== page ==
Autobusni kolodvor Split is next to the railway station and ferry port. It has ticket offices, toilets, left luggage and indoor seating; outside on the quay are lots of little cafes and kiosks. A scrummage of grannies with signs "Sobe / Rooms" will mob arriving backpackers, but they'll only acknowledge places that pay them commission. Those that don't pay, e.g. Al's Hostel, they'll claim don't exist.
The airport bus runs to this station, but most local services (e.g. west through Solin to Trogir) depart instead from the local bus station 1 km north, see "Get around".
By boat
Cruise ships, long distance and short-run ferries all dock at the passenger port next to the bus & railway stations. Ferries run three times a week across the Adriatic to and from Ancona and Pescara (Italy). There is also a large ferry that runs twice a week up and down the coast between Dubrovnik and Rijeka, stopping off at a couple of islands along the way. Split is the main hub for local boats and hydrofoils in Central Dalmatia. Several a day run to and from Brac, Hvar, Solta, Vis, Korčula and Lastovo.
The major operators here are:
By train
Trains run to Split from Zagreb once daily (with a second train mid-summer) taking six hours, and once overnight. Zagreb has trains from Vienna and Budapest, and connections across the rest of Europe.
From Rijeka (which has trains from Zagreb, Ljubljana and elsewhere) there is one daytime and one overnight service changing at Ostarije, seven hours.
From Šibenik there are five services changing at Perković, taking a couple of hours.
During summer season, Regiojet runs a sleeper service from Prague, Brno, Bratislava and Budapest, arriving in Split at lunchtime.
The main railway station (Kolodvor Split) is next to the bus station and ship terminals. The station is grubby and basic but has left luggage.
Many of these trains also stop at Split Predgrađe station in the north of the city.
Get around
Map of Split
harbour, bus terminal, and train station
Central Split is quite compact and most sights can be easily seen and best experienced on foot, but there are frequent local buses to outlying attractions and the airport.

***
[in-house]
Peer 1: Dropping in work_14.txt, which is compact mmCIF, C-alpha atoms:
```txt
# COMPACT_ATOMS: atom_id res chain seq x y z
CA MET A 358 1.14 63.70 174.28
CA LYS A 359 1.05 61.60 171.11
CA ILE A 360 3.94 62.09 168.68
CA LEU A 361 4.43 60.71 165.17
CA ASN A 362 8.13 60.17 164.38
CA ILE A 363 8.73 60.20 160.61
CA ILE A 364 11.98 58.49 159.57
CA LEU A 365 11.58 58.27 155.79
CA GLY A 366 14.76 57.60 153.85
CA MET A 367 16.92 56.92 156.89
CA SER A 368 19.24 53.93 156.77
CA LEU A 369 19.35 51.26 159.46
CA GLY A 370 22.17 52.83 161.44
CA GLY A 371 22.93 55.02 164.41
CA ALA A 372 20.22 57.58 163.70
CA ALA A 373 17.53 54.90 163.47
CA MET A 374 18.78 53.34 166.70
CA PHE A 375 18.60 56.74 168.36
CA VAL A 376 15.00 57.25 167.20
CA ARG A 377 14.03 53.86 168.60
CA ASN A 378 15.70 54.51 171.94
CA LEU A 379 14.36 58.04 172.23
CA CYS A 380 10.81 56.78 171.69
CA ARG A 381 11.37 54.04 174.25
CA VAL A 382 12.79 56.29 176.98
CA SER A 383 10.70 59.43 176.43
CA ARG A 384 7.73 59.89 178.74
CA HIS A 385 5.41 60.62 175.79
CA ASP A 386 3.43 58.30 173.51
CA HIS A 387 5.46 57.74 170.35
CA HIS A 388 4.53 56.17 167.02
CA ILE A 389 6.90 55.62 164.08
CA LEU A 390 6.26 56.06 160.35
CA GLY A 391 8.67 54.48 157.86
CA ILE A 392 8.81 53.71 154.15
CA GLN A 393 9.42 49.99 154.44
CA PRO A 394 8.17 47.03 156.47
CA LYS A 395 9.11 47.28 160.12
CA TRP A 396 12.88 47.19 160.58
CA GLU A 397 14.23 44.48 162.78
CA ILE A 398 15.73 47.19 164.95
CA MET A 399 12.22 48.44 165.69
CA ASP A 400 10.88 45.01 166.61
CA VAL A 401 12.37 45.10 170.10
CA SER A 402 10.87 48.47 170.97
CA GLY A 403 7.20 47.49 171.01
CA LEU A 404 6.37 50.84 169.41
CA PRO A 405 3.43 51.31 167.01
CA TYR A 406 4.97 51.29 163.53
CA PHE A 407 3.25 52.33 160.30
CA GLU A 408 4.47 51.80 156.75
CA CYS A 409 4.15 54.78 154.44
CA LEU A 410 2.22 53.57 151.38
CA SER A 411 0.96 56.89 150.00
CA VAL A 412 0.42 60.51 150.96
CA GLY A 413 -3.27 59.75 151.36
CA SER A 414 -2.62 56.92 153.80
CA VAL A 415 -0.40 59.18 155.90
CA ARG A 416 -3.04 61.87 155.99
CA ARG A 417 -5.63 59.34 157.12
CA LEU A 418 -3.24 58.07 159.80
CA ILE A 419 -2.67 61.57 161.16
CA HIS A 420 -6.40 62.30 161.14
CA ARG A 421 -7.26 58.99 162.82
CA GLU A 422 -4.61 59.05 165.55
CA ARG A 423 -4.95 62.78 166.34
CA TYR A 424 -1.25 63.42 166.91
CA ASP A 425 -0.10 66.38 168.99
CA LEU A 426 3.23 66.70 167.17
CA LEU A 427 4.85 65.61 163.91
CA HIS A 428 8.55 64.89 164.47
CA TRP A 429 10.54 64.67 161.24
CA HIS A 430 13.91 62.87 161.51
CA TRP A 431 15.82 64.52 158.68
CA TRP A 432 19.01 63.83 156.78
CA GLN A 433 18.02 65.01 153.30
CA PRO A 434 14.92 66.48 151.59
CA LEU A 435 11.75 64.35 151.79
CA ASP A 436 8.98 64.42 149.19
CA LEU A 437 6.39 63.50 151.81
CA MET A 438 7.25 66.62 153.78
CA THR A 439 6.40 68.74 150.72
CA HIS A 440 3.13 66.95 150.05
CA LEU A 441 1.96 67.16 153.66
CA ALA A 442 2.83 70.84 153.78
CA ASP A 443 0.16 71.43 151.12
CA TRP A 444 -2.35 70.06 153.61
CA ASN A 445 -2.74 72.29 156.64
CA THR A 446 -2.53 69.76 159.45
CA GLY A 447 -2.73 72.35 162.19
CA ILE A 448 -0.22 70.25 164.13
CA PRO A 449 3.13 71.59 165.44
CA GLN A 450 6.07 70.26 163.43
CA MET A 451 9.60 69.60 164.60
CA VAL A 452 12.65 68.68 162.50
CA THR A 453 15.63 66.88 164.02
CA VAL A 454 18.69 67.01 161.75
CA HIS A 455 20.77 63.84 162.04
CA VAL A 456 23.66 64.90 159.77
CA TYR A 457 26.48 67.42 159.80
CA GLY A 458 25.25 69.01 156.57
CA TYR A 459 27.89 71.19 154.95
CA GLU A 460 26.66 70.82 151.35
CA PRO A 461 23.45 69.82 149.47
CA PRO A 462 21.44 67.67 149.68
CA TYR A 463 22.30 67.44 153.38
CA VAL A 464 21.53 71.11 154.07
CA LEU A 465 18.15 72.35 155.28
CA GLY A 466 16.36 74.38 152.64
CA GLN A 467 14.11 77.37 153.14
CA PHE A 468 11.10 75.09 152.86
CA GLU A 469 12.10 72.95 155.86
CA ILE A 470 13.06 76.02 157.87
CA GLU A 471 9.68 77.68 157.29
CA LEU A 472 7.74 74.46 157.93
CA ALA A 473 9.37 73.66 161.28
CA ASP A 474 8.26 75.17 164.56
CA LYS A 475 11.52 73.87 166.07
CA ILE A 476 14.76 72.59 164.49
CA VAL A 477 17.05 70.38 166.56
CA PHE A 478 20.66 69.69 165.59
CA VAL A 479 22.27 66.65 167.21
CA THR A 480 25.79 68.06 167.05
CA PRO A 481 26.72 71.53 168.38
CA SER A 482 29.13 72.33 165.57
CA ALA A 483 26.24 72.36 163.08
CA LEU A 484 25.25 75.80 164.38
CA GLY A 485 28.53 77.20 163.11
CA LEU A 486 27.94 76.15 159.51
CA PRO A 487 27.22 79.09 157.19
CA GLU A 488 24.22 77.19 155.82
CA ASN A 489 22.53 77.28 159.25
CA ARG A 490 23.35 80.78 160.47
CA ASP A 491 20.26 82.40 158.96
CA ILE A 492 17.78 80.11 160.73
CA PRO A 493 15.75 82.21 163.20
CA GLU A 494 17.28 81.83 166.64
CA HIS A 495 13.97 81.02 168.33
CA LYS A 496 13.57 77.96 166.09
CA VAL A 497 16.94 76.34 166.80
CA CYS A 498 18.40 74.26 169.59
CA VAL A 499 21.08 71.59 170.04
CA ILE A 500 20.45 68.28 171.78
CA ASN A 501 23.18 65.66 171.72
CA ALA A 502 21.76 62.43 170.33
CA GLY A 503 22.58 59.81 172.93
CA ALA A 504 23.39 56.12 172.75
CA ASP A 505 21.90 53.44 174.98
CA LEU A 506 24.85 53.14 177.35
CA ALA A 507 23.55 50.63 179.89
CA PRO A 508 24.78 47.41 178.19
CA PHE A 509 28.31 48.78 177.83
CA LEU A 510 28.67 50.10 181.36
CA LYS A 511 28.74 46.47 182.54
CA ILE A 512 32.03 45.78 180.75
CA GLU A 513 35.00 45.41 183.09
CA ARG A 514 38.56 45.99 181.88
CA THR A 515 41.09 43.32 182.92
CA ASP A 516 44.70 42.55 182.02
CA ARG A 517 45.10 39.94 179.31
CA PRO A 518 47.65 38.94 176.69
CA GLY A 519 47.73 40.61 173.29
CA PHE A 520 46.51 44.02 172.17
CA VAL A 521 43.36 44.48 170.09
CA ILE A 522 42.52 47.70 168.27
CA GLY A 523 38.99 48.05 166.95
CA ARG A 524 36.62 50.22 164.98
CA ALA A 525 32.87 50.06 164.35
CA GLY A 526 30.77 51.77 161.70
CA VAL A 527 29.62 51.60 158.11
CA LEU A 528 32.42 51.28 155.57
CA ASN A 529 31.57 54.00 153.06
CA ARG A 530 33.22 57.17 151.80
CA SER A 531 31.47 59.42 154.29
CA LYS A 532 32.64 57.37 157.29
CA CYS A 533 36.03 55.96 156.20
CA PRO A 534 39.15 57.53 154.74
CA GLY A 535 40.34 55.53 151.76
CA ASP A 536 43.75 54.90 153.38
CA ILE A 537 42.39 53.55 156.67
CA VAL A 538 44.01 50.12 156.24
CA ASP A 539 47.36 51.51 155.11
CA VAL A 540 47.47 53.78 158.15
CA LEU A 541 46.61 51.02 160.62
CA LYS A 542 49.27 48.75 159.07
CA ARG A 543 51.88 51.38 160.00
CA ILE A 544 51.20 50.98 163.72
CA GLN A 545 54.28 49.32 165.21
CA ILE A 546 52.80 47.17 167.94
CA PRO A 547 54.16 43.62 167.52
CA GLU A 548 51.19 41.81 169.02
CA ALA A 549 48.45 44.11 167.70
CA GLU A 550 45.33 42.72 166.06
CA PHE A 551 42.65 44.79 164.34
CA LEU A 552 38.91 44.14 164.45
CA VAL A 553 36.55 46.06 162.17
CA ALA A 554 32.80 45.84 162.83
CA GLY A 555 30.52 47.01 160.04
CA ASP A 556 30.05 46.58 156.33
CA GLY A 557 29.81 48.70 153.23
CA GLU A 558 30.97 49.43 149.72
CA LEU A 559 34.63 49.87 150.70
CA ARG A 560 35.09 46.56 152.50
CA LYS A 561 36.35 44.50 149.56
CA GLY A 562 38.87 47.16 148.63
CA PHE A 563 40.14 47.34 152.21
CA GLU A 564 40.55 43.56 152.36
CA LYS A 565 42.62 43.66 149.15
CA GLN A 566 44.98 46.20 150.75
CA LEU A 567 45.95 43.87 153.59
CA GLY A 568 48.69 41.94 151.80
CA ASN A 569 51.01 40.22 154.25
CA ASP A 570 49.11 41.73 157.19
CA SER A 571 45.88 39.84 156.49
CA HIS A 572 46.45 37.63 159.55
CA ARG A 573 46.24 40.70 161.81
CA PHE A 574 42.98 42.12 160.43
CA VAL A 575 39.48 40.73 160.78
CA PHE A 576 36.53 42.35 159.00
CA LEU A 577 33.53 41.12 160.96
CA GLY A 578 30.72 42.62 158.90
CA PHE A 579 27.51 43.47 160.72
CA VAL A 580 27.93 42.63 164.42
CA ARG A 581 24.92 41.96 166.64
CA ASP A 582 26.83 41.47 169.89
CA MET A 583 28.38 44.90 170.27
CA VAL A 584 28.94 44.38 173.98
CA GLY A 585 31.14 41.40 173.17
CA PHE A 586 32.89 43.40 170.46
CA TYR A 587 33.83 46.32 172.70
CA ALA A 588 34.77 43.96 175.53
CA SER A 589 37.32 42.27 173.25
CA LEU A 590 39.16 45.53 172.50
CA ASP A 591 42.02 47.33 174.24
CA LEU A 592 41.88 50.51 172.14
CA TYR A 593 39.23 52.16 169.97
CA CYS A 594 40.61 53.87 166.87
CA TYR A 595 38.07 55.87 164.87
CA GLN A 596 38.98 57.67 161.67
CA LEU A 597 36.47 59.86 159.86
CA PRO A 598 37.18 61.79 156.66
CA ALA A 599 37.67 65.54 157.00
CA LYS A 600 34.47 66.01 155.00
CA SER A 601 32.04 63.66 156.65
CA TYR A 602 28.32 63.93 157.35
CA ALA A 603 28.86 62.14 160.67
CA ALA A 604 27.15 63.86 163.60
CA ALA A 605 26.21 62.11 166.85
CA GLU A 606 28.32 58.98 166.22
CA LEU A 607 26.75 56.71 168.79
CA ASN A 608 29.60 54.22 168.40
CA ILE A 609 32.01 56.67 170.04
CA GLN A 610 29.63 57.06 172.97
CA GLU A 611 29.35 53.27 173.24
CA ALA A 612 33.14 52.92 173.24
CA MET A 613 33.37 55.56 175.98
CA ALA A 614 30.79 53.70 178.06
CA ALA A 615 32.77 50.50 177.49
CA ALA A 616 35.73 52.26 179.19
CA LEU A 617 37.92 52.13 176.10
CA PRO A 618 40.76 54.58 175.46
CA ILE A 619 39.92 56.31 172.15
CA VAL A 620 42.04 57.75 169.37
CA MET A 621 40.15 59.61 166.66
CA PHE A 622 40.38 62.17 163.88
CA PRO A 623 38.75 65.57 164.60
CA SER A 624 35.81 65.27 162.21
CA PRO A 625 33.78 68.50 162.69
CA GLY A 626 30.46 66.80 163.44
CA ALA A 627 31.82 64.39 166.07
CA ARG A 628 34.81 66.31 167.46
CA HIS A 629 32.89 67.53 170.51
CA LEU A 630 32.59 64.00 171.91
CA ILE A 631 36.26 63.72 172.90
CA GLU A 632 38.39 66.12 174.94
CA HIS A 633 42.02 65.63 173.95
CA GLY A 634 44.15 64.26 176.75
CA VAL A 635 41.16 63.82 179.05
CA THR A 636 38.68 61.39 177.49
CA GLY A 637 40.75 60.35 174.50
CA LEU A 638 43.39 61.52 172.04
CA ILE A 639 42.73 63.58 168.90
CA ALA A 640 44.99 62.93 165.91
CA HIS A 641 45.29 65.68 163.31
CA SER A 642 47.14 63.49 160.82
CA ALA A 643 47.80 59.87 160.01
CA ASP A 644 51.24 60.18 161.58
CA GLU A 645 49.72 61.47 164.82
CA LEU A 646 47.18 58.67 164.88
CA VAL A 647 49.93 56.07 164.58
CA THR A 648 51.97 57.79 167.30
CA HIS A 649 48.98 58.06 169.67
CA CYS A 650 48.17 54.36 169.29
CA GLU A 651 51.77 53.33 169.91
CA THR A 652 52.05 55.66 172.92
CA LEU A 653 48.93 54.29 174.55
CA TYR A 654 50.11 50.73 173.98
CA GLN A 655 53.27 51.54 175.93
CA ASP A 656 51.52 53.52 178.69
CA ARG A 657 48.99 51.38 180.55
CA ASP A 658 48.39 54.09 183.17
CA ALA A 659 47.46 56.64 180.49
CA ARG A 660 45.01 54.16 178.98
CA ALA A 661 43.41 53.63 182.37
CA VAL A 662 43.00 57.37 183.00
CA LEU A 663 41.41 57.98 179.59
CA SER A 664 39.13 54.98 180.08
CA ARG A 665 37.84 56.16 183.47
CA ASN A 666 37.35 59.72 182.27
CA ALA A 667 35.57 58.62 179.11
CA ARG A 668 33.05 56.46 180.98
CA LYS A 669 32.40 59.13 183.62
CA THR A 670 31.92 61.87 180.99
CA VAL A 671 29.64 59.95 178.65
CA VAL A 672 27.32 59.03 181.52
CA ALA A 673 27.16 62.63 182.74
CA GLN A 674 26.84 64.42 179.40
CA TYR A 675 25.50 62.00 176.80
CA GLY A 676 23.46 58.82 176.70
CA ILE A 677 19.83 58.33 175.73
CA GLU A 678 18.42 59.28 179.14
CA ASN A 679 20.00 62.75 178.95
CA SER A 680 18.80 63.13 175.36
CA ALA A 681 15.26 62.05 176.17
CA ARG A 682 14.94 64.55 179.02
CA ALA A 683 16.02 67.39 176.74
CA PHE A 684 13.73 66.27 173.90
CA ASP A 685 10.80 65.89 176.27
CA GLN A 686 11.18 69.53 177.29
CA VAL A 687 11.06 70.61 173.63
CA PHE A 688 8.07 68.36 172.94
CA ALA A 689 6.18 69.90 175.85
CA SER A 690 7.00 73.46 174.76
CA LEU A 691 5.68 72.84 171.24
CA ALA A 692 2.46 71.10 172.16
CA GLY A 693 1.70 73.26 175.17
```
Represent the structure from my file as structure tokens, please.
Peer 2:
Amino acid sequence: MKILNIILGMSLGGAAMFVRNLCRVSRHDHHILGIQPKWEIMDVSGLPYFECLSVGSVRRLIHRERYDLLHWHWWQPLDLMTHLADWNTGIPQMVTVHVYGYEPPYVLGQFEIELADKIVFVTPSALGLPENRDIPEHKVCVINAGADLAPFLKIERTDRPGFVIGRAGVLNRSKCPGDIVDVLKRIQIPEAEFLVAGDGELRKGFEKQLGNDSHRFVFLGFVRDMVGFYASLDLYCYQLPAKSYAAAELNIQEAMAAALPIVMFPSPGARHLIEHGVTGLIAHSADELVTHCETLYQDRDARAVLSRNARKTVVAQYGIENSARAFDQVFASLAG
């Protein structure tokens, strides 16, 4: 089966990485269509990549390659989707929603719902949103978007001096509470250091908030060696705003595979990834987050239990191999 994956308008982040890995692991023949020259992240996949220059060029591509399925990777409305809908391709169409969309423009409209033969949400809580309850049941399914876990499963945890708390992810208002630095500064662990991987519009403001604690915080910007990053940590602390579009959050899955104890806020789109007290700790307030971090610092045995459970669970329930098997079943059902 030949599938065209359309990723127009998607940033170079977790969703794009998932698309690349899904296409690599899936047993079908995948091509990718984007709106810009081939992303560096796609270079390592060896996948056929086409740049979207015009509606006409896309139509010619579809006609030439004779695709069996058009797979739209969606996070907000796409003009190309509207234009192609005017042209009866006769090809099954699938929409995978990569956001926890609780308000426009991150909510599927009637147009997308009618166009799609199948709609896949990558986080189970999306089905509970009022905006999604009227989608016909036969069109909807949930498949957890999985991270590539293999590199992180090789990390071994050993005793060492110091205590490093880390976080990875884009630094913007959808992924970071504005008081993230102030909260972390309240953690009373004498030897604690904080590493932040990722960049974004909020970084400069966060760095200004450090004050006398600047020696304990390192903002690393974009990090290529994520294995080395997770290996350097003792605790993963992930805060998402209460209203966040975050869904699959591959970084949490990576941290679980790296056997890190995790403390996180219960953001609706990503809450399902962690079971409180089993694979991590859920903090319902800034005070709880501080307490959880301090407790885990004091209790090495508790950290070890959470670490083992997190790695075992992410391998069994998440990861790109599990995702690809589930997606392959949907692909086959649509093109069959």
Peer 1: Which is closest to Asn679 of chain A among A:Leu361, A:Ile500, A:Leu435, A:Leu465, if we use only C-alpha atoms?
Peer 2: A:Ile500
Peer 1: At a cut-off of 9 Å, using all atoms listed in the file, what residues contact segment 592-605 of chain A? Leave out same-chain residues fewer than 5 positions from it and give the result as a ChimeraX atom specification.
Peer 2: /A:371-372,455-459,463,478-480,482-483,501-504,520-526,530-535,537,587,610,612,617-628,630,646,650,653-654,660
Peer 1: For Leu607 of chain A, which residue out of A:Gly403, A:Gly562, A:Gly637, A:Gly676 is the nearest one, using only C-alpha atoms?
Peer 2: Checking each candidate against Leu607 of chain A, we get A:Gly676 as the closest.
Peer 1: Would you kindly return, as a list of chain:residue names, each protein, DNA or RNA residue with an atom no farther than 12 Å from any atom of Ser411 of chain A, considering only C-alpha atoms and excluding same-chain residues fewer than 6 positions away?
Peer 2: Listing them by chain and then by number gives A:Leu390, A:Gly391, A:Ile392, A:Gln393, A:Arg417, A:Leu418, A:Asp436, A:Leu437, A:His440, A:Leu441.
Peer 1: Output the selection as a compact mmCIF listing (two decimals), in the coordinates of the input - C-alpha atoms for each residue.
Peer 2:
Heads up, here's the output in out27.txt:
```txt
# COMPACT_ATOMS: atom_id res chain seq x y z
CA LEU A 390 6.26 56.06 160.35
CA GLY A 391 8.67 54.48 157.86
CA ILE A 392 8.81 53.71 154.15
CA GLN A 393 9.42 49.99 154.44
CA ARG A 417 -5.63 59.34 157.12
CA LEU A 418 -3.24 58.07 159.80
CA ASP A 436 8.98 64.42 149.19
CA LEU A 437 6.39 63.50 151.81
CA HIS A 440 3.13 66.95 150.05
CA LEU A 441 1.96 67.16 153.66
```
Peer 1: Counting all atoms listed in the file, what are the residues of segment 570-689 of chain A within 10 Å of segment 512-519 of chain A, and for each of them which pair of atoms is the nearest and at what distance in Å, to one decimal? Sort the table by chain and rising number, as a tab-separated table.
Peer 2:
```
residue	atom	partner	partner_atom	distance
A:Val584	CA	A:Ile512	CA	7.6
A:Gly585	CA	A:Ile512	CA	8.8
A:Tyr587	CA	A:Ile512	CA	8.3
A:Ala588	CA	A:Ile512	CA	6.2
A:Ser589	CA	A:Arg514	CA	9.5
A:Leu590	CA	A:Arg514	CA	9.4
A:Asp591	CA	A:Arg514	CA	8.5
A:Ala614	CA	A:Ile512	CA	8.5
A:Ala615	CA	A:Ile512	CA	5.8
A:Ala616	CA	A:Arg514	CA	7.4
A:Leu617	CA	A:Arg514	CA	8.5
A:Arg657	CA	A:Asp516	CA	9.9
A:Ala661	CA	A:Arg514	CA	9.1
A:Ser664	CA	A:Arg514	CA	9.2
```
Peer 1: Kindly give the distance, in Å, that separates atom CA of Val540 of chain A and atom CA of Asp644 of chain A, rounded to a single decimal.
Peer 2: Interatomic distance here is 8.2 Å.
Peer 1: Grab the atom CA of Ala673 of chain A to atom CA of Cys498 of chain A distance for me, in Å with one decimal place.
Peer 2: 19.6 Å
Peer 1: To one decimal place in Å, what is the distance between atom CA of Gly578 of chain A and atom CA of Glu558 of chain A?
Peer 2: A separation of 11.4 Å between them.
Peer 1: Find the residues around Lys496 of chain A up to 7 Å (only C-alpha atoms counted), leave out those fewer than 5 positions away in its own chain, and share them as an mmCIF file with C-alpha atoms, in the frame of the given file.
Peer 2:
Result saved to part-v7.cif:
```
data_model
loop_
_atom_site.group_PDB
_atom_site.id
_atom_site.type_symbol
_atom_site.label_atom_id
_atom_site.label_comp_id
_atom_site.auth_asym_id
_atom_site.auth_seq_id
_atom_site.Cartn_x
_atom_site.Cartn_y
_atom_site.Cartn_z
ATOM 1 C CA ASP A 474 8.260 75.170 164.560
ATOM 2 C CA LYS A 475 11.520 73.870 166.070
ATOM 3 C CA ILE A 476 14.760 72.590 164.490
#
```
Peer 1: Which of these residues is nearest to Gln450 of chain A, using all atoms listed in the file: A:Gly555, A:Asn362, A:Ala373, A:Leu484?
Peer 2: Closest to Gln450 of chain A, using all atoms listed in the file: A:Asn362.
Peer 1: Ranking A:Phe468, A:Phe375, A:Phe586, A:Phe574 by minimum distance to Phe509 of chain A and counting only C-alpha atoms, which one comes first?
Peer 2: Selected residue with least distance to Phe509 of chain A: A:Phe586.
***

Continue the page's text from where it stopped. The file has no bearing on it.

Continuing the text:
By bus
Public transport is run by Promet. Most of the city buses in Split are new, but some are very old and dilapidated. The station for town and local buses is
Kolodvor Sukoišan - these don't use the main station 1 km south by the harbour. To transfer between stations use Bus 9 / 10 or just walk.
Split city is Fare Zone 1 (11 kn), Solin and the burbs are Zone 2 (13 kn), the airport is Zone 3 (17 kn), while Trogir to the west and Omiš to the south are Zone 4 (21 kn); cash only, plus 5 kn per big bag. Two-way tickets cost 17 kn, but you have to buy them in blocks of 5 or 10 from a kiosk. A one-month ticket is 290 kn.
Local buses you might use are Bus 37 to the airport and Trogir described earlier, and Bus 60 to Omiš and Ravnicki Most which runs every 30 min. Long-distance buses from the inter-city station also pass through Omiš en route to Makarska.
By bike
Rent a bike and enjoy beautiful biking along Split's waterfront (Riva), continue to Marjan hill (approximately 7 km), climb to the top of the hill for great view on the Split town and surrounding islands. You can bike to the east side, along the coast to nearby village of Stobrec. Another great option from Split is to take a day tour to nearby islands of Solta, Brac, Hvar or Vis. You can take the bike on a regular ferry (they leave approximately every couple of hours in the summer season) and bike along quite roads and charming villages, explore great beaches and restaurants and return in the evening to Split!